Everywhere and nowhere: The life of an expat


Where is home? A question that has been haunting me for the past 13 years. It all started when my parents decided to leave my native country Lebanon and immigrate to Canada. I was 17 years old when I arrived to Montreal, this gorgeous city where I knew no one at all. A couple of years later, I found myself moving again, to Quebec city, 3 hours away from the circle I finally built. Then I met my husband, and followed him to Saudi Arabia for a couple of months only to move again to Dubai a year later. Even mentioning this just like that feels a bit heavy on the heart. How come emptiness feels so heavy? Yes, emptiness. I would lie if I say that through all those years life has been full of discoveries and exciting moments. Most of the times, it wasn’t. It was lonely and cold. Somehow making friends became more complicated especially after becoming a mom. Being an expat mom rarely gives you any breaks. How many days I wished just to take the car and drive to see my parents, enjoy my mother’s cooking and leave my son with his grandparents so I can rest a bit. How I missed Sundays with the family and hanging out with friends. I even forgot when was the last time I had a date with my husband. With no one around us to watch the baby, and having troubles trusting nannies, our nights were almost the same.

I was physically somewhere, had my heart everywhere, and felt that I belong to nowhere. I expected my husband to play all the roles missing in my life: my parents, my brother, my bestfriend, my coworker and on my bad days, my punching bag. That was obviously impossible no matter how much I love him, I was missing all of the above.

It took a toll on me and I found myself struggling to accept the present, always planning the next trip home. But again, where is home?

We have family both in Lebanon and in Canada. So let’s see, where do we spend Christmas? How do we split the holidays when both countries are 17 hours flight apart. Do we have enough vacation days to make it everywhere? And if so, how long can we still afford it as our family grows? If we spend all our trips visiting family overseas, when do we get to travel for leisure and tourism? Where do we celebrate births, baptisms etc.? Will everyone be there? What about the kids’ birthdays? Are we going to be alone again? Don’t they deserve to feel loved and surrounded by more than their parents? Oh am I missing someone’s wedding again? And all those birthdays and happy moments with people I love, will I ever get the chance to live them again? Tough decisions to make for very simple situations that we would have never thought about hadn’t we left.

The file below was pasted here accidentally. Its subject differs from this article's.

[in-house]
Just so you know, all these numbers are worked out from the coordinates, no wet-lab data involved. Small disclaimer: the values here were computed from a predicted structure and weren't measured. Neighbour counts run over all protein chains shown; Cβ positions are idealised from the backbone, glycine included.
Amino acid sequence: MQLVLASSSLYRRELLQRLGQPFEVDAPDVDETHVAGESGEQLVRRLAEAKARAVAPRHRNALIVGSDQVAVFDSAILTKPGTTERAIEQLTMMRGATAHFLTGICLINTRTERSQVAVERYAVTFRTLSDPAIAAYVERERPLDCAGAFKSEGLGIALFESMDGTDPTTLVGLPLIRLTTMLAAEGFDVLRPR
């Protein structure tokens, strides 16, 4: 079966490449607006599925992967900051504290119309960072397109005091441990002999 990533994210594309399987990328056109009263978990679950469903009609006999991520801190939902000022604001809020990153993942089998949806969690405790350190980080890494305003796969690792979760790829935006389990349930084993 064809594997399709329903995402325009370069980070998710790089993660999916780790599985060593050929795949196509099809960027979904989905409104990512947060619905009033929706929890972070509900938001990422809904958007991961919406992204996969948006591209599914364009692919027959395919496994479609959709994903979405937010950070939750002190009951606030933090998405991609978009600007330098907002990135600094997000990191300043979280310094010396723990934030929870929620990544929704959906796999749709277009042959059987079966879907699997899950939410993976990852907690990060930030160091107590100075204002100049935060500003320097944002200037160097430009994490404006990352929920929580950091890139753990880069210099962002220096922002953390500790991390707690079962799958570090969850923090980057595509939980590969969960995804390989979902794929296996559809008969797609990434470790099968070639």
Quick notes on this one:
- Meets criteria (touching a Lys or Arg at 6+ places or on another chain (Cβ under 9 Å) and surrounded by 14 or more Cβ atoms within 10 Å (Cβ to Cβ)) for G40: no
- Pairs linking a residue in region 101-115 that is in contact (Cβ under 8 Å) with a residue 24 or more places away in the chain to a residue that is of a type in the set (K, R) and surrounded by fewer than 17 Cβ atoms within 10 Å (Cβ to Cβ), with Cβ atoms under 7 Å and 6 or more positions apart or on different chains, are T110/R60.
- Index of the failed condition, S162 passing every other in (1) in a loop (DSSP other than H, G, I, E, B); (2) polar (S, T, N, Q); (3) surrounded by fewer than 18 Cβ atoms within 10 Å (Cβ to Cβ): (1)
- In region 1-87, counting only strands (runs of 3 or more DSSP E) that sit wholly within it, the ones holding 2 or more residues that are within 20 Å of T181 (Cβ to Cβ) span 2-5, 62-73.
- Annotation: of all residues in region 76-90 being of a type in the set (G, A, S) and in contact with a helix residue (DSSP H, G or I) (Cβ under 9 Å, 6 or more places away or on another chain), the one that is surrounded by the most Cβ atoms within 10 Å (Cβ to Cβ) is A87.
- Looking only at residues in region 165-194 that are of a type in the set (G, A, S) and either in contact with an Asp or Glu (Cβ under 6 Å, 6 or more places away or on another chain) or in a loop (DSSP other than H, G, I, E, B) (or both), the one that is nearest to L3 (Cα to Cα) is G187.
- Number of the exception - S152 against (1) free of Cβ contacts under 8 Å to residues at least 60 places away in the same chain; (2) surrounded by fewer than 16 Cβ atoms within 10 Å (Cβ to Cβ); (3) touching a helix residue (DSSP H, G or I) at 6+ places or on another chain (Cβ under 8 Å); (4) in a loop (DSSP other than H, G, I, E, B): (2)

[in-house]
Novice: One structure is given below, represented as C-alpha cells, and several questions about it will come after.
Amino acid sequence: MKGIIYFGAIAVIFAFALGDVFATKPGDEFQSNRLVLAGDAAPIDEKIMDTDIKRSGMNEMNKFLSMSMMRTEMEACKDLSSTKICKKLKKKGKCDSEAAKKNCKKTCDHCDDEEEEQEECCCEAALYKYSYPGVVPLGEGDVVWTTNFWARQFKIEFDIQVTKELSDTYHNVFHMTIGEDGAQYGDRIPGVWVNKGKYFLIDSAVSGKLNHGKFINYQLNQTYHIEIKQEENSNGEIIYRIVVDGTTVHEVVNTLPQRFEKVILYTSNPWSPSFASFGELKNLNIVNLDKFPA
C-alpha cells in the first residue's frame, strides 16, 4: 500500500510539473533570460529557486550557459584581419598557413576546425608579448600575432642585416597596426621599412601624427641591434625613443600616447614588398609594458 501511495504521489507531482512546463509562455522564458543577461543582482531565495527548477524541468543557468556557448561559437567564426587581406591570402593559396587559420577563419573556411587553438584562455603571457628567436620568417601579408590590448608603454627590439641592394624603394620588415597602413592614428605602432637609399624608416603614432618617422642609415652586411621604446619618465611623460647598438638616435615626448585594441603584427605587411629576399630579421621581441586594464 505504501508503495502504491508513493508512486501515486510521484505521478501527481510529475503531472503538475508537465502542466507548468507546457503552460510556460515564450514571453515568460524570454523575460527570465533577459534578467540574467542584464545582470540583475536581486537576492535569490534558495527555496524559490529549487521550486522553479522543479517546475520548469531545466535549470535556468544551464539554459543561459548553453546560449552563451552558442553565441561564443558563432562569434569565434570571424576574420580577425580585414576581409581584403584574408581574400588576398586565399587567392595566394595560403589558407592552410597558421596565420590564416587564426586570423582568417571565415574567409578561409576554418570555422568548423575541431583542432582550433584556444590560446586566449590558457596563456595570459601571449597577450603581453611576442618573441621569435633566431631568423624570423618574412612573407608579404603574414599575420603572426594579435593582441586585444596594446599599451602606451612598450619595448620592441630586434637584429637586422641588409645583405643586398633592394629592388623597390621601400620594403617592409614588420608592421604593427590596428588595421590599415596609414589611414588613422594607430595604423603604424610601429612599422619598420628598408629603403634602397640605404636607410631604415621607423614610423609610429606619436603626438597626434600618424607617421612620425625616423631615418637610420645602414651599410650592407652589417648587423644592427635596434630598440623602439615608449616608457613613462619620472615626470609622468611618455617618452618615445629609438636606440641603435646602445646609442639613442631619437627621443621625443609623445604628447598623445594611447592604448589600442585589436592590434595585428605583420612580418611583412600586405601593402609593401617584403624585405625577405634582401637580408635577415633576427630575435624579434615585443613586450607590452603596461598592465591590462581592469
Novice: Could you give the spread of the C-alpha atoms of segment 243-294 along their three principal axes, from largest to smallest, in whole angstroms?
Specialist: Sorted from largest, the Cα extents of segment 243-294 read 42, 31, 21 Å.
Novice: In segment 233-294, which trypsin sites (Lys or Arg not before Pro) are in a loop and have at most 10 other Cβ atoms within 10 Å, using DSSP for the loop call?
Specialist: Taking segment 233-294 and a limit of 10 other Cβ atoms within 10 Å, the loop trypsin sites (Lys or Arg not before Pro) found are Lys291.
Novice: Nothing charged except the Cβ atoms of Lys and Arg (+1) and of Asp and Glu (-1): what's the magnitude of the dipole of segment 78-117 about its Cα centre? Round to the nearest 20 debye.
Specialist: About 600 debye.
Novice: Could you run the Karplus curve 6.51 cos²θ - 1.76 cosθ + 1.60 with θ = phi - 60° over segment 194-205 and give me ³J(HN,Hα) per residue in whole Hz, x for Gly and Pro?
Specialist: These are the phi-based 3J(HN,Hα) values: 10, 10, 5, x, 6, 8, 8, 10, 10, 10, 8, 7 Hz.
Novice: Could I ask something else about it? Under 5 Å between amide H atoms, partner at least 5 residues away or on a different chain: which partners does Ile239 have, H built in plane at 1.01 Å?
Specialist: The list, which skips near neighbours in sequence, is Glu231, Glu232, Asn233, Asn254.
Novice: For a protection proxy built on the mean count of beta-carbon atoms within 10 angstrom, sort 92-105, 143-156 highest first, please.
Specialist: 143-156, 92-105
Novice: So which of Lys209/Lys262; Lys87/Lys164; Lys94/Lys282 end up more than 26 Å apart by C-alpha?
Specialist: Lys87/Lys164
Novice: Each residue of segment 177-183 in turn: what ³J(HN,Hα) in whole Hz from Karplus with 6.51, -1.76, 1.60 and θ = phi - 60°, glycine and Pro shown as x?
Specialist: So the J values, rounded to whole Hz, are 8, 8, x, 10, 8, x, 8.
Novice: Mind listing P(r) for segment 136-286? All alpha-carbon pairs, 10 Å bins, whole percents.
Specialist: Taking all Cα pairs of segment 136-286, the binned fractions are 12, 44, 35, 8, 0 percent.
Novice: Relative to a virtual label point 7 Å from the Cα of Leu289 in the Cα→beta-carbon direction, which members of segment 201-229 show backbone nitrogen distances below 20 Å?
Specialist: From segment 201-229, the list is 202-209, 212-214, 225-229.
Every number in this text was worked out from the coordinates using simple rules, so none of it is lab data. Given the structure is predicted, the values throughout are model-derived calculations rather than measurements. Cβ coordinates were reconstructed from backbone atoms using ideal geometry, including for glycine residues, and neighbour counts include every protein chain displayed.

Then came the pandemic, and even trips became impossible. The lockdown brought us closer together and made us realize that we are never alone as long as we have each other. Expat life might have made me feel lonely most of my days but it also made me stronger and more independent. I am grateful for all the opportunities I have been exposed to in all those different cities but it still hurts when someone says “You’re lucky you left” because it doesn’t always feel that way. I would give anything to be surrounded again and not split in between. Expat life taught me to struggle, to fall and always try to rise again I have learned to appreciate the simplest things: a lovely weather, that green grass after the snow, nature beauty I have learned the joy of altruism and its importance.

My experience of immigration made me give up a huge piece of me. It took a part but made me discover many more. I have learned to understand myself more and stop searching for external sources of happiness. Immigration taught me resilience. It taught me that life is not steady: we move once but that's not it. We move again, people move too. We do whatever it takes to follow our dream and build our future and our family. We get tied to our new home but no chains attached. So there will always be some goodbyes, some mixed feelings of both sadness and excitement, and we rely on this resilience to help us adapt and make us stronger. But home is where the heart is, home is within and no matter where we are in the world, we will always carry it with us. -The Caterpillar Mom


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